- Oil: A mixture of hydrocarbons composed of six or more carbon atoms (C6+)
- Oil Aerosol: A mixture of liquid oil suspended in a gaseous medium having negligible fall velocity/settling velocity
- Organic Solvent: A mixture of or a combination of the following identified groups: alcohols, halogenic hydrocarbons, esters, esters/ether alcohols, ketones, and aromatic/alphatic hydrocarbons
- Wall Flow: The proportion of liquid contamination no longer suspended within the air flow of the pipe
Oil Aerosol Testing per ISO 8573-2:2007
ISO 8573-2 describes Method A and Method B for collecting oil aerosol and oil liquid samples. Oil vapor is discussed in 8573-5. Method A is intended for sampling where heavy contamination levels exist, wall flow is present, and the contamination level is between 1 mg/m3 and 40 mg/m3. The liquid oil is collected with two high-efficiency, coalescing filters (one is a backup). Typical testing time is between 50 and 200 hours.
Method B consists of two separate techniques—B1 for full flow, and B2 for partial flow sampling. Both techniques are intended for oil contamination levels between 0.001 and 10 mg/ m3. Typical testing time is between 2 minutes and 10 hours, depending on the flow rate, the pressure available, and the oil purity class limit.
In general, the sampling procedure includes valves, the membrane holder, and the ability to measure flow rate, temperature, and pressure. Three high-efficiency membranes are stacked inside the membrane holder. The membrane must have a surface mass of 80 to 100 g/m2, particle penetration of <0.0005 percent, and have a sturdy support base. In addition, Method B2 uses a straight sampling probe for partial flow sampling under isokinetic conditions. The distribution piping must be altered to allow for the insertion of the probe while maintaining identical velocity conditions.
Trace uses sampling method B1, as it is less intrusive and can be used at various points of use. A minimum air volume of 5,000 liters is required to meet class 1 purity level of 0.01 mg/m3. Other purity classes require 500 liters of air or less.
The analytical method in ISO 8573-2 requires dissolution of the oil on the membrane by an unspecified solvent and analysis of the resulting solution by infrared spectrometry. Trace’s analytical technique gravimetrically determines oil by using pre-weighted membranes. After sampling, the membranes are weighed, extracted with n-pentane, and re-weighed.
Oil Vapor and Organic Solvent Content Testing per ISO 8573-5:2001
This section specifies collection of oil vapors consisting of hydrocarbons with six or more carbon atoms (C6+) on a charcoal tube. Oil vapor analysis is required only for classes 1 and 2.
The primary analytical method is by gas chromatography for vapor content in the range of 0.001 mg/m3 to 10 mg/m3. Chemical indicator tubes can be used only as a preliminary method (they lack the sensitivity and specificity required for quantitation at low levels). Lighter hydrocarbons composed of five or less carbon atoms are not included in total oil purity classes. These lighter hydrocarbons—as well as other gases like carbon monoxide, carbon dioxide, sulfur dioxide and nitrogen dioxide—are addressed in section 8573-6 Gaseous Contaminant Content. There are no established ISO 8573 purity classes or limits for these other gases.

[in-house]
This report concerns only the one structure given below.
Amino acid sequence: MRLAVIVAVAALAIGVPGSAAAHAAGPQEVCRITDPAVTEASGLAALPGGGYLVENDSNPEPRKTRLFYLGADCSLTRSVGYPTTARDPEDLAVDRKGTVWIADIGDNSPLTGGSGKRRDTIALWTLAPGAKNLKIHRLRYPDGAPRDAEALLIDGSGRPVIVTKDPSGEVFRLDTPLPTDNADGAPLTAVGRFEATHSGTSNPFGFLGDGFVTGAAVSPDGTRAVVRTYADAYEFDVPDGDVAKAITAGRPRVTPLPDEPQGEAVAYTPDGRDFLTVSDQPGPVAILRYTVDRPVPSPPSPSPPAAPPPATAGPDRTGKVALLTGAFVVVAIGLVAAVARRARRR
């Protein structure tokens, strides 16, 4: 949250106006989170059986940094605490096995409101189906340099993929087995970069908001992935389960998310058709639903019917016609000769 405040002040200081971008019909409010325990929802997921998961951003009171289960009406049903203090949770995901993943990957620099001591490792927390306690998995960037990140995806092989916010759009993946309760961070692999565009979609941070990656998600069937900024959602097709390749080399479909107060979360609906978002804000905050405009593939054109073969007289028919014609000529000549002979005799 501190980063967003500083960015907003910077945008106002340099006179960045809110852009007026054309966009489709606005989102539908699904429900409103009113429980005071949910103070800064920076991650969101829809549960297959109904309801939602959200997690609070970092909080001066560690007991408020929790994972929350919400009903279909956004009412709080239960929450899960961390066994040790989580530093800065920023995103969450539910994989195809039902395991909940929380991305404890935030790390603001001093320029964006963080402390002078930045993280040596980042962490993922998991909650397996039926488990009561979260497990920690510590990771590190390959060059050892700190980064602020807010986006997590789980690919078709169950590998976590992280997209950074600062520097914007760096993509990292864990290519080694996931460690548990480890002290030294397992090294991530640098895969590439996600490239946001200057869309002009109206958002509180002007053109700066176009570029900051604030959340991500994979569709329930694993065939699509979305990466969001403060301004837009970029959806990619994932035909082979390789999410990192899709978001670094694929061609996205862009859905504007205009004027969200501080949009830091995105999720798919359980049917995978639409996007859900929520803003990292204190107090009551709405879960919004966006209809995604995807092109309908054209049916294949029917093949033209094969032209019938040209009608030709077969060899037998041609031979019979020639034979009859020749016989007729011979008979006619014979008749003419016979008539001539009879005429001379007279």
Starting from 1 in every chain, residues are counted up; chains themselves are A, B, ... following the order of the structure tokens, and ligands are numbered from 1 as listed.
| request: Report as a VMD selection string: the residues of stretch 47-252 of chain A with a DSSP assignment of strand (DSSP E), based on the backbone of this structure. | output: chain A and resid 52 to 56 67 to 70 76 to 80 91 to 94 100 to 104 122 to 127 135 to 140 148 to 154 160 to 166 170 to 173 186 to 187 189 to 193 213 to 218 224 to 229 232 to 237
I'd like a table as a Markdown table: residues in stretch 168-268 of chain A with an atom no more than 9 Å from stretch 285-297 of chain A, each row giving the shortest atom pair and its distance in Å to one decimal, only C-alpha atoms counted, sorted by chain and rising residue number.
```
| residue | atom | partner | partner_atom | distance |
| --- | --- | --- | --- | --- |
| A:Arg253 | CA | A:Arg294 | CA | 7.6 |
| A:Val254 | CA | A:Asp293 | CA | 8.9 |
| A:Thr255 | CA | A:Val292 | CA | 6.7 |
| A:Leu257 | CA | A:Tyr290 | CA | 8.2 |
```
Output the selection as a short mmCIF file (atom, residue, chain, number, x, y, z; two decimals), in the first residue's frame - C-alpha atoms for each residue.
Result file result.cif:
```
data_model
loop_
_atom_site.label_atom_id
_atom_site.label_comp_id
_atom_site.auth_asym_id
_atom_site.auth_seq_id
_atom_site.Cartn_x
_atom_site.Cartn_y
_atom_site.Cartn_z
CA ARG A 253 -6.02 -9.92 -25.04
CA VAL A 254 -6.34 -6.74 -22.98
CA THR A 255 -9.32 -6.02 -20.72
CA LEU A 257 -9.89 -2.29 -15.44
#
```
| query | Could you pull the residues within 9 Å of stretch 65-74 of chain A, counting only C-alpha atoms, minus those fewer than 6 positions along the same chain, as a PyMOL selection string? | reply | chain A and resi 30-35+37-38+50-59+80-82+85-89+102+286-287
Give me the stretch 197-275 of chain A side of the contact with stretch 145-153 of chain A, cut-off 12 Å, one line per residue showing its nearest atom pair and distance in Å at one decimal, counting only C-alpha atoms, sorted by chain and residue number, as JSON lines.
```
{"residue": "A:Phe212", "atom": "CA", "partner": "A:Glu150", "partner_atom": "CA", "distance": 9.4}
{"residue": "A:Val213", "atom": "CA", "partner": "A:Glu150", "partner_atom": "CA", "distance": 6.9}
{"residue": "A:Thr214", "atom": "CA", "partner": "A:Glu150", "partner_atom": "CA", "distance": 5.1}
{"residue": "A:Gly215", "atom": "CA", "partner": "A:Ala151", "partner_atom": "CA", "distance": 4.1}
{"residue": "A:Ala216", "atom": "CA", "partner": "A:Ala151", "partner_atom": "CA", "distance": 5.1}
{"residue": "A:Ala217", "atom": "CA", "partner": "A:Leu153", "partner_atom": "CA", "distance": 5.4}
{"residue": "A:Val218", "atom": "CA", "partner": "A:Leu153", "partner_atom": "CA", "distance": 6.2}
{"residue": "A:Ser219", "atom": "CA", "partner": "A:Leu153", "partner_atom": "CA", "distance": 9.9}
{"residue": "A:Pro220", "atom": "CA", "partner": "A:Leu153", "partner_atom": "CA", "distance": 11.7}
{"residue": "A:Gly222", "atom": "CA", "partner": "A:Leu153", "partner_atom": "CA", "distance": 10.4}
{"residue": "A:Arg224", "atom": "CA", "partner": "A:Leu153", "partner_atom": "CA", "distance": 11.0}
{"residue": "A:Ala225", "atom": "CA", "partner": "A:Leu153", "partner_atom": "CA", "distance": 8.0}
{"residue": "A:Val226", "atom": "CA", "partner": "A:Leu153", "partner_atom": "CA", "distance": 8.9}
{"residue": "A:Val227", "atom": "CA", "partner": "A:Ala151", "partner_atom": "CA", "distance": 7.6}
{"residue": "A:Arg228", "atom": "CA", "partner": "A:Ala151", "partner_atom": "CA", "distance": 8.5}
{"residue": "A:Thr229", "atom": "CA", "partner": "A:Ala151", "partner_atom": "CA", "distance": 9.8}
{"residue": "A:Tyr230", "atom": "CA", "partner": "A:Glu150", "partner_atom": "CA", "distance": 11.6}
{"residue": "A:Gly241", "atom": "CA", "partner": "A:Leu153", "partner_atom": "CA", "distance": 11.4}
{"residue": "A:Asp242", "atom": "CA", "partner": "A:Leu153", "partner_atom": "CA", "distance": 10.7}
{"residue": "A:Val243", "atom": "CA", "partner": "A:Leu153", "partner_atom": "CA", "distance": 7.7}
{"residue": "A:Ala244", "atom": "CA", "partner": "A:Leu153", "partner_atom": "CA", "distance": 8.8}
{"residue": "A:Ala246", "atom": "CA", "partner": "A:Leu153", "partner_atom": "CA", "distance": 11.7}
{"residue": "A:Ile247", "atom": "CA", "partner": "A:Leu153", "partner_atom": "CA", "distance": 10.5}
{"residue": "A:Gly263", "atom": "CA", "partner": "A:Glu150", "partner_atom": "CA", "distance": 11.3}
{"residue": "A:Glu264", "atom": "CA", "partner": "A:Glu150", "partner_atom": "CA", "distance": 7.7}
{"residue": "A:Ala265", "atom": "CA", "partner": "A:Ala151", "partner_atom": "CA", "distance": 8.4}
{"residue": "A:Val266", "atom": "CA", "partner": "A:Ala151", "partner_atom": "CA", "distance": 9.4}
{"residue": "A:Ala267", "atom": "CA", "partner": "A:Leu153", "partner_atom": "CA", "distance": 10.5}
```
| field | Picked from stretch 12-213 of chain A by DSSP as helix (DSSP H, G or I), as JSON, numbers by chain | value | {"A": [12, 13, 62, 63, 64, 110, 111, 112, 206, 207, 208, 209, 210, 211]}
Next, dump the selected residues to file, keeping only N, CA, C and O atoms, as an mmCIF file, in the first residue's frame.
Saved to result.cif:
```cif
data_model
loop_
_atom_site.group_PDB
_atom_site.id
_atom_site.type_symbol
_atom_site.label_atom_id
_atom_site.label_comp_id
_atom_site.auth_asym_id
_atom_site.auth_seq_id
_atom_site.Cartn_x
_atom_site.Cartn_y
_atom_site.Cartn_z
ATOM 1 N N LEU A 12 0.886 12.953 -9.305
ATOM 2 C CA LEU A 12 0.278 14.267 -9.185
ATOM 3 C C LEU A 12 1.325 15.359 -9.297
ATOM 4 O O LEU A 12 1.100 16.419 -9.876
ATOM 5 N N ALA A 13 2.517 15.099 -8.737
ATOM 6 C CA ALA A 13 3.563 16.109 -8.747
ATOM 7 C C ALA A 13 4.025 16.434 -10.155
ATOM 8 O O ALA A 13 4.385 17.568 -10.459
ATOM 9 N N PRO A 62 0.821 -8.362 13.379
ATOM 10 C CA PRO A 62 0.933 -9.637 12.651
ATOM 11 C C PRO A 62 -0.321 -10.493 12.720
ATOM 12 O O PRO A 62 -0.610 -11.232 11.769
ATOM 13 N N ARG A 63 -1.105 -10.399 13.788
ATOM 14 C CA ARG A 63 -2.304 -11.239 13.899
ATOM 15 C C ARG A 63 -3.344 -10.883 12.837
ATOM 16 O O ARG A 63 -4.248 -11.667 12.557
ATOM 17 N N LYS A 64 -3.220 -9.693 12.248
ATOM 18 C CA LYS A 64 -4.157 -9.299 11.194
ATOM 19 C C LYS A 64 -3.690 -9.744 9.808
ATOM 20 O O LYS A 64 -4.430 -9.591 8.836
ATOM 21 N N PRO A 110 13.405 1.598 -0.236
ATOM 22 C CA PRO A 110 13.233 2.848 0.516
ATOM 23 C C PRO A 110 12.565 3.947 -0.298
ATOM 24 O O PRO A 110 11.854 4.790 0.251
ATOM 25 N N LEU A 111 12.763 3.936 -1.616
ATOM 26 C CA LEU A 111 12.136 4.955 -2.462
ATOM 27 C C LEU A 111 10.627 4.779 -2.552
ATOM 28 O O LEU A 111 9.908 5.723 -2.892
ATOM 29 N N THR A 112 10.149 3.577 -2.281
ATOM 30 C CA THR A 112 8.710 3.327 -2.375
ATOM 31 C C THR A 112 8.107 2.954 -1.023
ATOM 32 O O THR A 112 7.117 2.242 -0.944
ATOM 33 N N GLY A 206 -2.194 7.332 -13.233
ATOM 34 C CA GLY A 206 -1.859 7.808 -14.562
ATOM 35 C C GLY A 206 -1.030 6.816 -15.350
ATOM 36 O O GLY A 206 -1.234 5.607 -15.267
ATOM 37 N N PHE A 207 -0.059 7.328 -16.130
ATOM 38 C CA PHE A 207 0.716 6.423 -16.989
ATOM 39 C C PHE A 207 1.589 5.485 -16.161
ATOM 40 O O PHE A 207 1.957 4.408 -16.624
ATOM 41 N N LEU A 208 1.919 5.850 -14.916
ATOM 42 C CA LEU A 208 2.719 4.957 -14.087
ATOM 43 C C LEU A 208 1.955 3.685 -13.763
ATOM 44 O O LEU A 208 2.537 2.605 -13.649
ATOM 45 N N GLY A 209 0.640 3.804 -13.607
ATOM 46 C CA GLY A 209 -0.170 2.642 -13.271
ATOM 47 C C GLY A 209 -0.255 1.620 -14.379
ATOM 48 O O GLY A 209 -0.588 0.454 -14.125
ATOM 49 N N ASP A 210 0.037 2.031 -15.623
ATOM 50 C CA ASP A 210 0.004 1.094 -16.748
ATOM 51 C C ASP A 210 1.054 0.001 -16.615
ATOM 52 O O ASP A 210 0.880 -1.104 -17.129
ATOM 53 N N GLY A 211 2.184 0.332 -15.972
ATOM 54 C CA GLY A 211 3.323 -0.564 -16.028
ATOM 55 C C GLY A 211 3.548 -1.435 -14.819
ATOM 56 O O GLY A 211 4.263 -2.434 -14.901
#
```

Once again, the sampling procedure calls for a sampling probe, this time being installed into a stainless steel extraction tube filled with coconut charcoal. The sampling procedure as described in Annex A includes a membrane holder installed in front of the stainless steel charcoal-filled tube, a pressure and temperature gauge, valves, and a flow meter. The membrane in this case protects the charcoal tube from aerosol contamination.
Trace uses commercially available charcoal tubes made of glass. These tubes possess the advantages of being less expensive and having a more reliably low level of contamination than laboratory-prepared tubes.
Sampling Tips for Oil
Oil aerosol and vapor are determined at very low levels. Therefore, clean, oil-free fittings are critical for a true determination of airborne contamination. A slight amount of hydrocarbon contamination in a fitting is enough to produce unacceptably high levels of oil vapor (OV) on the charcoal tube. There should be no sudden pressure drops to avoid damaging membranes. Inner pipe diameter should be constant and crevice free—with the size of hole in the ball valve matching the size of piping to avoid loss of oil.
The filter cassette holds three layers of membranes for oil aerosol collection and charcoal tube collect oil vapors. Photo Credit: Trace Analytics, LLC
Avoid cleaning agents with solvents that can affect hydrocarbon content of a sample. Solvents can remain trapped in O-rings and fittings for a surprisingly long time, so only solvents that are not C6+ should be employed. And, as always, ensure that the air compressor inlet is not situated near a source of C6+ materials, such as cleaning baths, solvent waste cans, process solvent/materials, or other ambient sources of hydrocarbons.
If a number of compounds are expected to be present in the ambient or process air, it is best to have the laboratory perform OV analyses using gas chromatography/mass spectrometry, a technique that quite readily discerns between OV and other compounds. These other compounds can be reported separately, thus not impacting the OV level as might occur with gas chromatography with a non-specific detector, such as flame ionization detection (FID).
To read more about Food-Grade Air, please visit www.airbestpractices.com/standards/food-grade-air.
(1) Particle Measuring Systems, Inc., Basic Guide to Particle Counters and Particle Counting, www.pmeasuring.com.
(2) ISO 8573 specifications referenced above are copyrighted and are available for purchase online at http://webstore.ansi.org/.